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Protesters gathered outside Jacksonville City Hall Tuesday evening and called for the mayor and city council members to quickly take down the city’s last Confederate monument in Springfield Park.
They’re worried about a bill that would threaten local officials with removal from office for taking down monuments filed for the upcoming state legislative session.
“This ridiculous that is threatening the whole situation on it being removed is - Yes it definitely makes it a whole lot more…The clock is ticking,” said Kelly Frazier with the Northside Coalition.
Even if city leaders were to act, it could be all for naught.
“History belongs to all Floridians,” said State Representative Dean Black (R-Yulee), who is sponsoring the monuments bill.
As written, the bill would not only prohibit future monument removal, but it would also require any monument taken down since 2017 to be restored.
Failure to comply would put local governments’ arts and culture funding at risk.
“If the city doesn’t do it, it also gives the state the right to put a monument back up or have one reconstructed on any state property,” said Black.
Not only would Black’s monument bill potentially erase any effort to remove the Confederate monument in Springfield Park, if it’s passed as written, the Confederate obelisk removed from James Weldon Johnson Park this summer would also have to be put back up.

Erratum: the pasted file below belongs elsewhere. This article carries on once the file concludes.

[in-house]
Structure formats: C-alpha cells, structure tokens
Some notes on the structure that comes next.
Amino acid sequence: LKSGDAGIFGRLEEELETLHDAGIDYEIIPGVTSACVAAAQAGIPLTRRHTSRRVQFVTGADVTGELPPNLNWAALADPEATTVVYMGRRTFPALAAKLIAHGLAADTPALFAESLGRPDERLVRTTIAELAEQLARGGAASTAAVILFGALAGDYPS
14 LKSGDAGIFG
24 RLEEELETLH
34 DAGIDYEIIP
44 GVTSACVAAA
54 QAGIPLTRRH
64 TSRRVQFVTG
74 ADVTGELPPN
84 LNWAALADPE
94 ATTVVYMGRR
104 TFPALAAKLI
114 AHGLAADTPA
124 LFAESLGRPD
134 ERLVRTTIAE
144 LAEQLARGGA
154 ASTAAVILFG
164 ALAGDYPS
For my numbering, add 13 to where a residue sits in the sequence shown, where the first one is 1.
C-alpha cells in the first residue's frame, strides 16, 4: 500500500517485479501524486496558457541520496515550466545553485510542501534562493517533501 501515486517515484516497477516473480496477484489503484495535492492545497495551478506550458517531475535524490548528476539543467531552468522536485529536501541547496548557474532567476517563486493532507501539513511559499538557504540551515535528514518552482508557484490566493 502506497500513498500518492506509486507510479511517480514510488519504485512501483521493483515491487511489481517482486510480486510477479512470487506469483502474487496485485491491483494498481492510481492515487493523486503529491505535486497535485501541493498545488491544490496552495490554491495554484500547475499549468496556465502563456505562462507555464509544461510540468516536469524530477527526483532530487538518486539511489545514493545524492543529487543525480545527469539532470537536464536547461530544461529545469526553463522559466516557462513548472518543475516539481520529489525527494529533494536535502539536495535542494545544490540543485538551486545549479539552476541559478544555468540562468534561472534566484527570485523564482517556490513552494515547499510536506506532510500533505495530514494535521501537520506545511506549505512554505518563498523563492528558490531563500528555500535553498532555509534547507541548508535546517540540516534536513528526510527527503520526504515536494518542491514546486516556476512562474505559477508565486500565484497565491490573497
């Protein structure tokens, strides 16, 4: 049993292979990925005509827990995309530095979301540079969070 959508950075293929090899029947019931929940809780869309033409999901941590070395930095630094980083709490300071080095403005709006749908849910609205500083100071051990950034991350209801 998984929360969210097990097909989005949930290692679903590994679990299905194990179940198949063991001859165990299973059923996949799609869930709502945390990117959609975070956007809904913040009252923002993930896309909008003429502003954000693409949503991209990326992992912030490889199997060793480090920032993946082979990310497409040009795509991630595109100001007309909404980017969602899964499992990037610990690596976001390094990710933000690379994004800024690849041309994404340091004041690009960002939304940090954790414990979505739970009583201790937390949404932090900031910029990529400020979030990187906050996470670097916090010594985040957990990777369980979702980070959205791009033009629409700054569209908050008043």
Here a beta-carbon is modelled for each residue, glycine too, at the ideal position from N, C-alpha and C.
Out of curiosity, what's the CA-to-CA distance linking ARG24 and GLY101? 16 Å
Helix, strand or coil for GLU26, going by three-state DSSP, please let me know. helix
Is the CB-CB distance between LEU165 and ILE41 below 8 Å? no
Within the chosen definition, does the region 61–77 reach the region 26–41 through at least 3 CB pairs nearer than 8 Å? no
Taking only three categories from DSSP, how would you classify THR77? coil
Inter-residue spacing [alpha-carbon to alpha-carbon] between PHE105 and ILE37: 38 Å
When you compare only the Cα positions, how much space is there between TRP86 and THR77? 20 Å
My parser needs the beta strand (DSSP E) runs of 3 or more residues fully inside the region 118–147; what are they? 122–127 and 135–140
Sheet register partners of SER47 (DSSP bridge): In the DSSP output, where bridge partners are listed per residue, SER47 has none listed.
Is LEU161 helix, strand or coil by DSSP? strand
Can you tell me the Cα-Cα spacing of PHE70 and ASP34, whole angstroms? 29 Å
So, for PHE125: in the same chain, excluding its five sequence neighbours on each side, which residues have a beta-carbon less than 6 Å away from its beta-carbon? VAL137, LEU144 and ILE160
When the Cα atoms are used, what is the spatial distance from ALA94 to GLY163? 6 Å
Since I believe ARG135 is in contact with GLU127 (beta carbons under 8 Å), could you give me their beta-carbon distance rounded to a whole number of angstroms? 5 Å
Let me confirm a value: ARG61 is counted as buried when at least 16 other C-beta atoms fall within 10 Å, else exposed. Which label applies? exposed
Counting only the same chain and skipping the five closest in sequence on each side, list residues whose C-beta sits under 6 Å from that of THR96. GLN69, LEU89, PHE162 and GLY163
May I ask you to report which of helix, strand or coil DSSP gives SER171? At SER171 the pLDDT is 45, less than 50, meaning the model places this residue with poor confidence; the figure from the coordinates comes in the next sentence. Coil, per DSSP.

State Representative Angie Nixon (D-Jacksonville) argued last week after the bill was filed the legislation sends a bad message to Black Floridians, especially those here in Jacksonville who just dealt with the pain of a racist mass shooting this summer.
“This is a dog whistle. A racist dog whistle,” said Nixon.
The bill is not guaranteed to pass however.
Asked about the legislation during a stop in Jacksonville Tuesday afternoon, Governor Ron DeSantis indicated the proposal is not on his radar.
“I’m not familiar with it. So, I would have to take a look at it. I don’t know,” said DeSantis.
Protesters like Frazier hope if the bill does make it to the Governor’s desk, he falls on the side of allowing local communities to make these decisions for themselves.
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“Let us decide, talk to our representatives who we’ve elected make decisions like that and we want the statues gone,” said Frazier.